A great example is the instance of Jerry Fisher, a US resident and photogrammetry capture artist who scanned replicas of Michelangelo’s the statue of David and Moses. Moses was located in the bounds of Augustana College in Illinois, in the United States. Gifted to them in the 1970s by Thomas Fawick, a local inventor and entrepreneur. When Mr Fisher made these scans available for download and replication online, Augustana College felt there had been a breach of copyright and requested the scans be taken down and all evidence of them deleted.
Michelangelo’s copyright had long since expired. Plus, given both of these works were exact replicas; they could not be considered derivative works. With this in mind, Augustana College could not claim any copyright over the scans that Mr Fisher had created and as such, their demands were without merit.
Or were they?
The copyright over Michelangelo’s work is in the intellectual public domain (rather than the physical). So it’s available for anybody to do anything to – with the exception of where the work is located. If it were on private property, then you’d need to ask the property owner for access and to grant you written permission to do what you want to do with the end result. Such as giving you permission to sell scans of it online.
There was a lot of uproar online at the beginning of 2015, with articles being published about Augustana College having no rights in making the demands they did. Including those at artnet news, slate.com and 3ders.org. However, what wasn’t considered is where the statue was located. Depending on how publicly accessible the statue was, whether that area could be deemed as ‘dedicated’ to public use or on private Campus property, Augustana College can dictate a photography policy and restrict permission and use of any photos, or 3D scans, taken. If they never had a photography policy, or didn’t make it available, then Mr Fisher would likely have retained copyright over his scans. However, if they did in fact have a policy, which outlined limitations, and the statue was on private College property, then the representatives at Augustana College would be within their rights to ask for the scans, and images, to be taken down.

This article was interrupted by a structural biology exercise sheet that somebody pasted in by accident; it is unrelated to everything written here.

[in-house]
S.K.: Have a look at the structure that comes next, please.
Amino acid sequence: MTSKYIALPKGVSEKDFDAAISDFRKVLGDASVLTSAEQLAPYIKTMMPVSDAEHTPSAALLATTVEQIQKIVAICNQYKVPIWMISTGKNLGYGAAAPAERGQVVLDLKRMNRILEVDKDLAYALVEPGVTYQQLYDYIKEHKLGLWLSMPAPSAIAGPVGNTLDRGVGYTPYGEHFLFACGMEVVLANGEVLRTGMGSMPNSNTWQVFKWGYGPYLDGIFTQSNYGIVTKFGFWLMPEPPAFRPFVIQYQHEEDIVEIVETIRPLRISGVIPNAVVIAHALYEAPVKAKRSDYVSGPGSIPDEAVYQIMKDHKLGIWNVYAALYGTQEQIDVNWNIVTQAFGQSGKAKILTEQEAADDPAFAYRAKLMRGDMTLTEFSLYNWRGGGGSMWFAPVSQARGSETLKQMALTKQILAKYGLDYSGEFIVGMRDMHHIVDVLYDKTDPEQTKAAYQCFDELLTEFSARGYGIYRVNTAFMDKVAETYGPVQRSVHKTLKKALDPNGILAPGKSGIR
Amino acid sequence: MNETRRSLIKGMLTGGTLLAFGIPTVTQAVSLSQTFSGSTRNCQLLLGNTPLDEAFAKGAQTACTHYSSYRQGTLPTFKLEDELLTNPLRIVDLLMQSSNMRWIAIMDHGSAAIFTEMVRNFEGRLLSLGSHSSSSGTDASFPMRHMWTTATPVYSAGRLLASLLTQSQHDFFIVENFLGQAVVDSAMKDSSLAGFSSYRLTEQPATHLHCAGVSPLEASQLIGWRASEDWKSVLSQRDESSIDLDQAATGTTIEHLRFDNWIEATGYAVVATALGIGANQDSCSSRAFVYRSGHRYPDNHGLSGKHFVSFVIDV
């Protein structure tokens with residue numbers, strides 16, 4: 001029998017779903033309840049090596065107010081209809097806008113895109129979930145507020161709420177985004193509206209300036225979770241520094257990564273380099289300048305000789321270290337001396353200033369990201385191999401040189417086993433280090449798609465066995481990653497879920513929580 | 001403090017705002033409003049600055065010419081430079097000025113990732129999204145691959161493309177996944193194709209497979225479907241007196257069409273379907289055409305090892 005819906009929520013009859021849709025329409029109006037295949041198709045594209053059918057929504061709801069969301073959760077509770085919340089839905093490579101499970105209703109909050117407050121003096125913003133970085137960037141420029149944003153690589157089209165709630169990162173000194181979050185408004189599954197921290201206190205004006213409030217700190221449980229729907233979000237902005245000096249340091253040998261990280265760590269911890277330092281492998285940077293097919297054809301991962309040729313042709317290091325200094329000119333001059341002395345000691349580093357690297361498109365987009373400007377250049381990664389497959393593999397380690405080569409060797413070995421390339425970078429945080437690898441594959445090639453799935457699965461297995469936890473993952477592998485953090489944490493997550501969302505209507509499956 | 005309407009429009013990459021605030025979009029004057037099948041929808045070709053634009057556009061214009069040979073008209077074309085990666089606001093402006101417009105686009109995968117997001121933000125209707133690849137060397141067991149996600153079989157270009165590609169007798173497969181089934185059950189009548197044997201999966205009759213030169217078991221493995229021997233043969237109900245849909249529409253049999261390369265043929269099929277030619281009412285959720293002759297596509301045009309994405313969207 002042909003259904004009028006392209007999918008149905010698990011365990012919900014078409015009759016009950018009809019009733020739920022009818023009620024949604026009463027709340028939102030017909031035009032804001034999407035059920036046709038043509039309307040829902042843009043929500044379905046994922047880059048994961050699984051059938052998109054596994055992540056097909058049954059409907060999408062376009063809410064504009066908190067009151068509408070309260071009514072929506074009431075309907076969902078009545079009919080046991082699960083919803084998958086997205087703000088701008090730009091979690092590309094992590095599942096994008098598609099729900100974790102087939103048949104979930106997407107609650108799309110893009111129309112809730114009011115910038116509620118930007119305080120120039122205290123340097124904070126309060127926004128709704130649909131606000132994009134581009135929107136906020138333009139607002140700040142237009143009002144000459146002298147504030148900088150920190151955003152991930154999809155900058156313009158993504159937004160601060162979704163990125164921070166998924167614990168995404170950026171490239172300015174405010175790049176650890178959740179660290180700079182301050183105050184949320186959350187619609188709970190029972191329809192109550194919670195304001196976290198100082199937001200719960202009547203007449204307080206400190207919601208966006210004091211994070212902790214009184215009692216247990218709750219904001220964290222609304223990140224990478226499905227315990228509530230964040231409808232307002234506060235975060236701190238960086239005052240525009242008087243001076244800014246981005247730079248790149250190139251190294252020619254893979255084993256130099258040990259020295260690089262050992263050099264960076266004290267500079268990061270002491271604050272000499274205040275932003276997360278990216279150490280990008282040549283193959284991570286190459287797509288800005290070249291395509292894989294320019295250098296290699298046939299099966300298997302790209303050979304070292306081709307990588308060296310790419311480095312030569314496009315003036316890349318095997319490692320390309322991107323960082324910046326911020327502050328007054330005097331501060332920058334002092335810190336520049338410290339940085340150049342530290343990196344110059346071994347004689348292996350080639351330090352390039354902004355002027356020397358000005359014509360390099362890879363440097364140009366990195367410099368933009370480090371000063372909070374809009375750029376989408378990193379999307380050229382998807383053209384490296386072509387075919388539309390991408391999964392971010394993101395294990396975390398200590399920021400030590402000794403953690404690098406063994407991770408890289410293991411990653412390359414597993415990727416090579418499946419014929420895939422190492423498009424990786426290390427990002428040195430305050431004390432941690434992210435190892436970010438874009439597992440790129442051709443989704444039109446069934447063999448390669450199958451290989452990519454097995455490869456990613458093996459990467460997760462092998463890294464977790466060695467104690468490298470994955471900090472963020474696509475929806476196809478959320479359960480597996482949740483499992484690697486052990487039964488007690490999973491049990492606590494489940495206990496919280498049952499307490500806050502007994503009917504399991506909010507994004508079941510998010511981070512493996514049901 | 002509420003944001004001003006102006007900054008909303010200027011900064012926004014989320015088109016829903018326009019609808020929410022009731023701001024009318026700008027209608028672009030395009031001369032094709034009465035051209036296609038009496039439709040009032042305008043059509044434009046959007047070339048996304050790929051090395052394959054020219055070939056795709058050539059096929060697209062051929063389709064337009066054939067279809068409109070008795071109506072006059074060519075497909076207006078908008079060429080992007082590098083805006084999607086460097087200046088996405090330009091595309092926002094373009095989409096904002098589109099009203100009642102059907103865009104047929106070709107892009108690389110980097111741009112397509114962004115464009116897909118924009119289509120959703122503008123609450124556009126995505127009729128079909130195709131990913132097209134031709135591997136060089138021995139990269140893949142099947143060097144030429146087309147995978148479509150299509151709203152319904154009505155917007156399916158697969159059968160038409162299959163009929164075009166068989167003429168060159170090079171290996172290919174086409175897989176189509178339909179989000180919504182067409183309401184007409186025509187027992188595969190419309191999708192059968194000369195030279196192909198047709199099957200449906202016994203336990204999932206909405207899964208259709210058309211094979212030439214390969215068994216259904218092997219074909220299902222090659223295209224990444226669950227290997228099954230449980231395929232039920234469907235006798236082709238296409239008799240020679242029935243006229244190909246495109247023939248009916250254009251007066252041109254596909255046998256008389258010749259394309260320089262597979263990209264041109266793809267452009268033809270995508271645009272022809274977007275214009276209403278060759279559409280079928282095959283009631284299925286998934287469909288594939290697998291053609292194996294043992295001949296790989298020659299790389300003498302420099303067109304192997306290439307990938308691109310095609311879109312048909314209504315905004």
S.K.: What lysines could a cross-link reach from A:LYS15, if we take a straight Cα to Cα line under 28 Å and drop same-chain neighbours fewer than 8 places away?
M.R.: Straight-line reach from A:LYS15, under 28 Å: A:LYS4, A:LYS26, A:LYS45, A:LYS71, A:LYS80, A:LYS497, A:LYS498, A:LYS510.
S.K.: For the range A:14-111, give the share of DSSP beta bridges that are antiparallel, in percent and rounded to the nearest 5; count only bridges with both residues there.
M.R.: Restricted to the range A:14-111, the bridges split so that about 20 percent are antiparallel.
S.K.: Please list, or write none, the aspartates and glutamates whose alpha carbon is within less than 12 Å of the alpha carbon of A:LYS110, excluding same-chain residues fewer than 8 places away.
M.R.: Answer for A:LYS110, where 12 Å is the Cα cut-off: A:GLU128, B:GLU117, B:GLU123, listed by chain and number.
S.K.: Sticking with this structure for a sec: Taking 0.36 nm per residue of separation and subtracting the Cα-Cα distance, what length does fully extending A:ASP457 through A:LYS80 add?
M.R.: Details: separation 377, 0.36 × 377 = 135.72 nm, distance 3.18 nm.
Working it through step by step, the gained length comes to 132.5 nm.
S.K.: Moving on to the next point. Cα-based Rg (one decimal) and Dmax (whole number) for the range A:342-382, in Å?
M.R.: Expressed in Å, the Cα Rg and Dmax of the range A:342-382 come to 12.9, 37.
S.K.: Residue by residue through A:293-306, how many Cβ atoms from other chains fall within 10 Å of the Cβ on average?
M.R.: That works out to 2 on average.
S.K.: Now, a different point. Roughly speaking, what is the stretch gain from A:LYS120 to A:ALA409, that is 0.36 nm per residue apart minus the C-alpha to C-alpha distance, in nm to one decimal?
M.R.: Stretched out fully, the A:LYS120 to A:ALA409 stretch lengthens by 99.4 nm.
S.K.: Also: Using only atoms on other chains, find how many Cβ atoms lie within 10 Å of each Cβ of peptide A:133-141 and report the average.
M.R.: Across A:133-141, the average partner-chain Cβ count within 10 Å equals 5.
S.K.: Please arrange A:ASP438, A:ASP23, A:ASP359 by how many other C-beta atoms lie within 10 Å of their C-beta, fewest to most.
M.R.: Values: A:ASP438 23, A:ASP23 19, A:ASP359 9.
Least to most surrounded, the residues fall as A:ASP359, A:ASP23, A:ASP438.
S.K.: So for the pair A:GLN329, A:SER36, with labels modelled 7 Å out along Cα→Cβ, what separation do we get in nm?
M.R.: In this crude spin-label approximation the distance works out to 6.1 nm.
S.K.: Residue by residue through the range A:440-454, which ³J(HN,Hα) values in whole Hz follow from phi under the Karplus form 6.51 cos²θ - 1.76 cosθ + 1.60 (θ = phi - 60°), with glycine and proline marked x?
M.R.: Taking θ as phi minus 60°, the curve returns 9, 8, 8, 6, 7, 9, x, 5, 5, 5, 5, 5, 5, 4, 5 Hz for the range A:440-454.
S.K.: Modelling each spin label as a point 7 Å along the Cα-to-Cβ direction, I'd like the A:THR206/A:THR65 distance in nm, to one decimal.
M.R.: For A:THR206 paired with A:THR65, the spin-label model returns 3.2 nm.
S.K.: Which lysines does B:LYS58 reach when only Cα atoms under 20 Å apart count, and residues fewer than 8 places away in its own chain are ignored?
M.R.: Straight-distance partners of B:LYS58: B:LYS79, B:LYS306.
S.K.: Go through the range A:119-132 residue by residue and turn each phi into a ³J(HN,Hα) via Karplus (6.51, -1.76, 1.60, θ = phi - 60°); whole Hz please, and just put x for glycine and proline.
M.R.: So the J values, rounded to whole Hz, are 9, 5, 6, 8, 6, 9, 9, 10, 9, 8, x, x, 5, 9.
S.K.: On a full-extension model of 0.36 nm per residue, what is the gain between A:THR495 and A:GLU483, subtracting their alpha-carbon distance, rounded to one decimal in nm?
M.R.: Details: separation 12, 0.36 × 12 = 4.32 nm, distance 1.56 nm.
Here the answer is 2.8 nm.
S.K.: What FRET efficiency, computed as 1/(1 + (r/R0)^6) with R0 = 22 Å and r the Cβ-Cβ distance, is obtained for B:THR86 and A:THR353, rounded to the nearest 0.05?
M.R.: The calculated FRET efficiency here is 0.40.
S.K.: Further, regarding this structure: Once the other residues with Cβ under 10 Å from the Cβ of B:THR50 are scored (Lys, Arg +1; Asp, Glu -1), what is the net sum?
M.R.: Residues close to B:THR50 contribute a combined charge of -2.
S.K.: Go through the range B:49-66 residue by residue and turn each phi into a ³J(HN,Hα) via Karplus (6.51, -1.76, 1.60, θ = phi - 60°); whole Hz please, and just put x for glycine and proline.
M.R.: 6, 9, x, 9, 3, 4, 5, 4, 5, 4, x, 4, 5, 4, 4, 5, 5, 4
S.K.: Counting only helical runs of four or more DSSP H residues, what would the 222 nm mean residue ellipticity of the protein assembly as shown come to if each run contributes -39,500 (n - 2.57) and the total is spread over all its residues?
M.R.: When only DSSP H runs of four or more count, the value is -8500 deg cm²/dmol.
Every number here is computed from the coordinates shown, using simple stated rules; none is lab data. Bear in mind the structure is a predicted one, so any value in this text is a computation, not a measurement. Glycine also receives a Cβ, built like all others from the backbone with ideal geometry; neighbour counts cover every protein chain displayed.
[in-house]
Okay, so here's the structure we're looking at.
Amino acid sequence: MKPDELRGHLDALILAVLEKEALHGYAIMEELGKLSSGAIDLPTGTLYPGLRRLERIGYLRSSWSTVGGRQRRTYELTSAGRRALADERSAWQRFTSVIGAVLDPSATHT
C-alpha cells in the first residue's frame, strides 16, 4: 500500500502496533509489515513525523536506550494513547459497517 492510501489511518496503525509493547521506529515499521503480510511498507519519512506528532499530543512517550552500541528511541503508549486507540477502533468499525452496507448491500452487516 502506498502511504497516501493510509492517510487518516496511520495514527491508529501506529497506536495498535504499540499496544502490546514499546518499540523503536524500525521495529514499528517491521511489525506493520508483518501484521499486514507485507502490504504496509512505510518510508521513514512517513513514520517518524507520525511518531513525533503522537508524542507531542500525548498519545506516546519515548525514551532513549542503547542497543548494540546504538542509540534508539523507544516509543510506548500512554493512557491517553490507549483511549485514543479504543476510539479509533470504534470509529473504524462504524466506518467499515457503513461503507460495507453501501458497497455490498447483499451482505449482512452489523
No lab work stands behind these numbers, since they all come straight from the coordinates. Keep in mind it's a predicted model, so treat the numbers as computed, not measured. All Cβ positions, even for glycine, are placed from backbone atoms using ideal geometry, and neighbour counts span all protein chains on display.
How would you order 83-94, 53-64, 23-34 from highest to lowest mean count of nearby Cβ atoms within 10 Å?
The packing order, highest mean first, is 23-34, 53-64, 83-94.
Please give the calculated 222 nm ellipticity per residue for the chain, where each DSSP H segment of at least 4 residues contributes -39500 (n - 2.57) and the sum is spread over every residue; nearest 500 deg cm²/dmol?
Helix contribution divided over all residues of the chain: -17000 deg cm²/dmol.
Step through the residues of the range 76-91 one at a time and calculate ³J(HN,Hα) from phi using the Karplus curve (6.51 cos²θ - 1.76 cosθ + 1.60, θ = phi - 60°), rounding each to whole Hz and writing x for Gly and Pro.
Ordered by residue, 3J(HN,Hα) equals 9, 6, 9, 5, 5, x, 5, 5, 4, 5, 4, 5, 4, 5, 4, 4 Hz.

Let’s get this public domain business cleared up. When the copyright expires, it enters the intellectual ‘Public domain’. This is not referring to the physical public domain, such as a National Park or sidewalk. This is a term that can be easily misinterpreted, but it specifically applies to the realm of copyright and intellectual property. It’s an important term to understand in the locality of where you’re scanning. It generally means the copyright is now ‘open to use’, so free to 3D scan as you need. But as always, check how this term is interpreted within your locality.
So if the public domain is purely intellectual in this instance, what does that mean for scanning subjects in public places like public parks, streets, Museums, Art Galleries, or other publicly accessible institutions?
This brings us to the phrase ‘Freedom of Panorama’.
The idea of Freedom of Panorama exempts photographers, capture artists, and painters, from breaching copyright when they create their own images and scans of works of art or buildings that are permanently located in a public space. Though this is the crux, this phrase is not explicitly outlined but can be interpreted differently within the copyright laws of countries around the world.
Some are more explicit than others. Germany has the term Panoramafreiheit that translates directly to ‘panorama freedom’ and permits the ability to create images of sculptures and art that are permanently located in a public space. In Germany, Museums are not considered public spaces, so a 3D capture artist would need permission to scan on their premises. This is the case for most museums around the world. Even if they are deemed public spaces, you normally need their permission if you plan on taking in a few lights, a tripod, a camera, and start scanning their exhibits! However, if you notice a sculpture permanently located in a public park in Germany, then it’s likely you can photograph and 3D scan the subject.